As a church, we prayed this week at our prayer meeting for a dear brother who this week is preaching on the other side of the world near Australia, in the Fiji Islands. This is a common practice for our church to pray this way each week. We target specific and important needs and focus on crying out to the Lord for those specifically. We return the following week and continue to cry out for those same situations, plus new ones.
We regularly pray every week for different people and needs until we hear that there is some kind of answer that comes from the Lord. For a church to stay at prayer about a particular person or need until there is a change or breakthrough is a true faith-builder–to keep praying until something happens. There are some individuals, some lost people, some unmet needs in various situations among saints, that we will not stop praying for every week until we hear that prayer has been answered or God has specifically resolved and brought closure to the matter–“Men ought always to pray, and not faint.” (Luke 18:1)
This week we also have begun to pray for a young lady, the daughter of a Christian leader, who has grievously fallen into sin and deception, living among wicked people, after being raised in a godly atmosphere. As a result, we are taking her life and situation upon us for prayer, beginning to pray every Wednesday night for this girl. We want to bear the burden in prayer with this family. We will pray regularly for her now. How will we pray? We will NOT pray such prayers as, “Lord, bless her and help her . . . “; such praying, in desperate situations, is not enough; instead, we will be asking the Holy Spirit to draw her, haunt her, convict her, make her miserable, to drive away ungodly people from her life, to intervene in her situation, to interrupt her wicked life style, to stop her completely, and turn her again to the way of truth. Serious situations calls for serious and specific praying.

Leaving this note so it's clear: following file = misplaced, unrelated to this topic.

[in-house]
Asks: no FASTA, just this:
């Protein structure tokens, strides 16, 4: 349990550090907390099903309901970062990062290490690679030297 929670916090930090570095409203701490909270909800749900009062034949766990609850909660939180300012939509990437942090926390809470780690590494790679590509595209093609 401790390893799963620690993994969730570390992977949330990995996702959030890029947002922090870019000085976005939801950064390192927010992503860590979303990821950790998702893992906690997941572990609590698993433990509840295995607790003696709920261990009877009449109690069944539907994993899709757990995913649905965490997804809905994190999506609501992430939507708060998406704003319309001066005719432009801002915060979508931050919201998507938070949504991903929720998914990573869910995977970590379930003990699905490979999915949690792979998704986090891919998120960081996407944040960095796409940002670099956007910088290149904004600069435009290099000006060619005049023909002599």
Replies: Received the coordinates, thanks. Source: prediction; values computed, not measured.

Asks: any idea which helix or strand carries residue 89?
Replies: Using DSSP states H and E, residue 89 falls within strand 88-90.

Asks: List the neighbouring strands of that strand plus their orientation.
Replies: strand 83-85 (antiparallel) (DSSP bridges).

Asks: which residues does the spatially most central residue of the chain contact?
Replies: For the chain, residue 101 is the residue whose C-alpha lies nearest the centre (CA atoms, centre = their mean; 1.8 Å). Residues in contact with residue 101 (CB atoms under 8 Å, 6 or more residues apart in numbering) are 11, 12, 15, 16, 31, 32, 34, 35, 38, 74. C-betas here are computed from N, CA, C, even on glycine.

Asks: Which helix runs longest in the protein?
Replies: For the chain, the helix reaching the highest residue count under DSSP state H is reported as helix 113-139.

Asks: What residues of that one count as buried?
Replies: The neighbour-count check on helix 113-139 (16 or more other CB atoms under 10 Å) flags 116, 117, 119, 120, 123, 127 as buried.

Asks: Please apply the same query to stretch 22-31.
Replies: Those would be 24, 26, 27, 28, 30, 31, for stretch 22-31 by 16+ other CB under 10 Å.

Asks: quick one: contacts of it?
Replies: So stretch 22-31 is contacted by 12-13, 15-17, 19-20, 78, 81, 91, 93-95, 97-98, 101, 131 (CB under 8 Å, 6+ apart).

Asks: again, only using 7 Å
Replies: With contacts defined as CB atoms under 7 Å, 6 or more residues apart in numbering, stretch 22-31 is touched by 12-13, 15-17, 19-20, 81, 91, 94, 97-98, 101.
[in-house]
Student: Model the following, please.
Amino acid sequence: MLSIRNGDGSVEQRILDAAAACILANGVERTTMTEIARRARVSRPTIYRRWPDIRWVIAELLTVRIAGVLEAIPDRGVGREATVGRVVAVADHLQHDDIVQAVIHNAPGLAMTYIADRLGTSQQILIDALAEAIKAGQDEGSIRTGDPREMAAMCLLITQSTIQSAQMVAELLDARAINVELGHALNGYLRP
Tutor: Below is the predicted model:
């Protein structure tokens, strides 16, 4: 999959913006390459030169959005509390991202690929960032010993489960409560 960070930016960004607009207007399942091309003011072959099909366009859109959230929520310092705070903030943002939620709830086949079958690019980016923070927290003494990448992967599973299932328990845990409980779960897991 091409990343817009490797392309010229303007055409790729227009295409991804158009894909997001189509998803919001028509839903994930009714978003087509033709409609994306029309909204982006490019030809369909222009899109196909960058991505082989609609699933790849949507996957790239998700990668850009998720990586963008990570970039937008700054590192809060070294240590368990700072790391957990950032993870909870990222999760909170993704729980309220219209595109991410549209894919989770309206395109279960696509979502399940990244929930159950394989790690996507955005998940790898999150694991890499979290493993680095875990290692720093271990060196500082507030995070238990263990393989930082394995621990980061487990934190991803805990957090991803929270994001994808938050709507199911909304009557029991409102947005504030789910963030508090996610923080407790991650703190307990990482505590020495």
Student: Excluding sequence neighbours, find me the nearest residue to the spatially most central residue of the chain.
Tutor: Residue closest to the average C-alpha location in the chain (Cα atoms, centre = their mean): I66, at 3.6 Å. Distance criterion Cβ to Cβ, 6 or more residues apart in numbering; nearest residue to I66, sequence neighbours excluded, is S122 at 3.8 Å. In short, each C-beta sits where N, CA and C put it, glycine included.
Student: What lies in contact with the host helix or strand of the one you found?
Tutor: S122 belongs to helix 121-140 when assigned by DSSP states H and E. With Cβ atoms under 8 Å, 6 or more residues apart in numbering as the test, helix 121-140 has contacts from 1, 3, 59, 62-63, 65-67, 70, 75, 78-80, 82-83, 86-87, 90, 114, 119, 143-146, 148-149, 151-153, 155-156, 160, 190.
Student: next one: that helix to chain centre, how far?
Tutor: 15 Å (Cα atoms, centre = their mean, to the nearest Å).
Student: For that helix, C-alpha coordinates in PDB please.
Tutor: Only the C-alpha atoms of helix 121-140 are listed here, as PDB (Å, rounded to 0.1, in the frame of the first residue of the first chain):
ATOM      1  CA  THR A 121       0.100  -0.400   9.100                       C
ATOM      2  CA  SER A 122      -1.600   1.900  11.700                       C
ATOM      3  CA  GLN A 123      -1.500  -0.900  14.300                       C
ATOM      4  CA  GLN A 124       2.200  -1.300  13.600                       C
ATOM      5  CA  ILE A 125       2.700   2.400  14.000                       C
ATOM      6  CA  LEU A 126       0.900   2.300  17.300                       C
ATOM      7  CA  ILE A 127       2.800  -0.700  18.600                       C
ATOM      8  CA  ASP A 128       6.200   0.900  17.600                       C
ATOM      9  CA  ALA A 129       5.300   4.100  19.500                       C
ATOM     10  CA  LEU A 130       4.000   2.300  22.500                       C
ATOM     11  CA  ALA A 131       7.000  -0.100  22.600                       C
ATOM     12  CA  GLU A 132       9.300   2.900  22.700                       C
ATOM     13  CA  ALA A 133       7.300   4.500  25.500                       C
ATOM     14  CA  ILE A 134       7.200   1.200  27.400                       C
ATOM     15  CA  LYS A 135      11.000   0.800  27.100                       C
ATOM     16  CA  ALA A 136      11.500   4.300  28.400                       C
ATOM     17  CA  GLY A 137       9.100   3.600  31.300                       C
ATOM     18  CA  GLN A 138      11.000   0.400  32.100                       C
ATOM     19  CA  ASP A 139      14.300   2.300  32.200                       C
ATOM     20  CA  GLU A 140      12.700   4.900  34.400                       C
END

Imagine a line of soldiers in battle, side by side, stationery and set in, guarding a certain location, entrenched so that the enemy can go no further, as they target oncoming soldiers approaching them in the battle. Every soldier, as a team, takes aim at specific targets and fires his weapon, so as to hit specific targets, in order to win the battle. So it ought to be when a church gathers for prayer. Prayer is a weapon, to be used as a church body, standing united in one purpose–to target specific strongholds, the wounded, the dying, specific lost individuals, broken relationships that need healing, those who are seriously ill, other churches, ministries, and specific mission fields, and any special need the church has been made aware of. Every church ought to be praying down the Spirit upon other churches they know, and upon the lives and needs of those truly facing difficulties. “Ready–aim–fire! –aim and fire! -aim and fire!’ ought to be practiced in a true prayer meeting.
To pray for individuals as a church week after week can begin to have direct and powerful influence upon their life and direction. God hears the united and consistent prayers of his people.
Oh, the blessedness of a church body praying together with reality week after week after week, continuing to labor in prayer for the needs of those they hear about–to pray for the needs of both believers and unbelievers, and to do it in love and concern each week as a church body, in agreement and love. This is one of the most glorious experiences possible in church life because it is not a one-time experience, and then it’s over, like an annual conference or an annual vacation, that comes around only once each year; corporate church prayer life is experienced weekly as a church body, and therein lies the encouragement. The church at prayer regularly is a mighty force in the earth. It’s one thing for a true Christian to pray regularly, but it is another thing altogether for a church to labor together at prayer faithfully and continually.
Today our church will have the joy and privilege and baptizing four men and three ladies at the conclusion of our morning worship time. This great blessing certainly is not disconnected from the church laborin
g together weekly, month after month, in prayer together, that God would work and glorify His name.
– Mack Tomlinson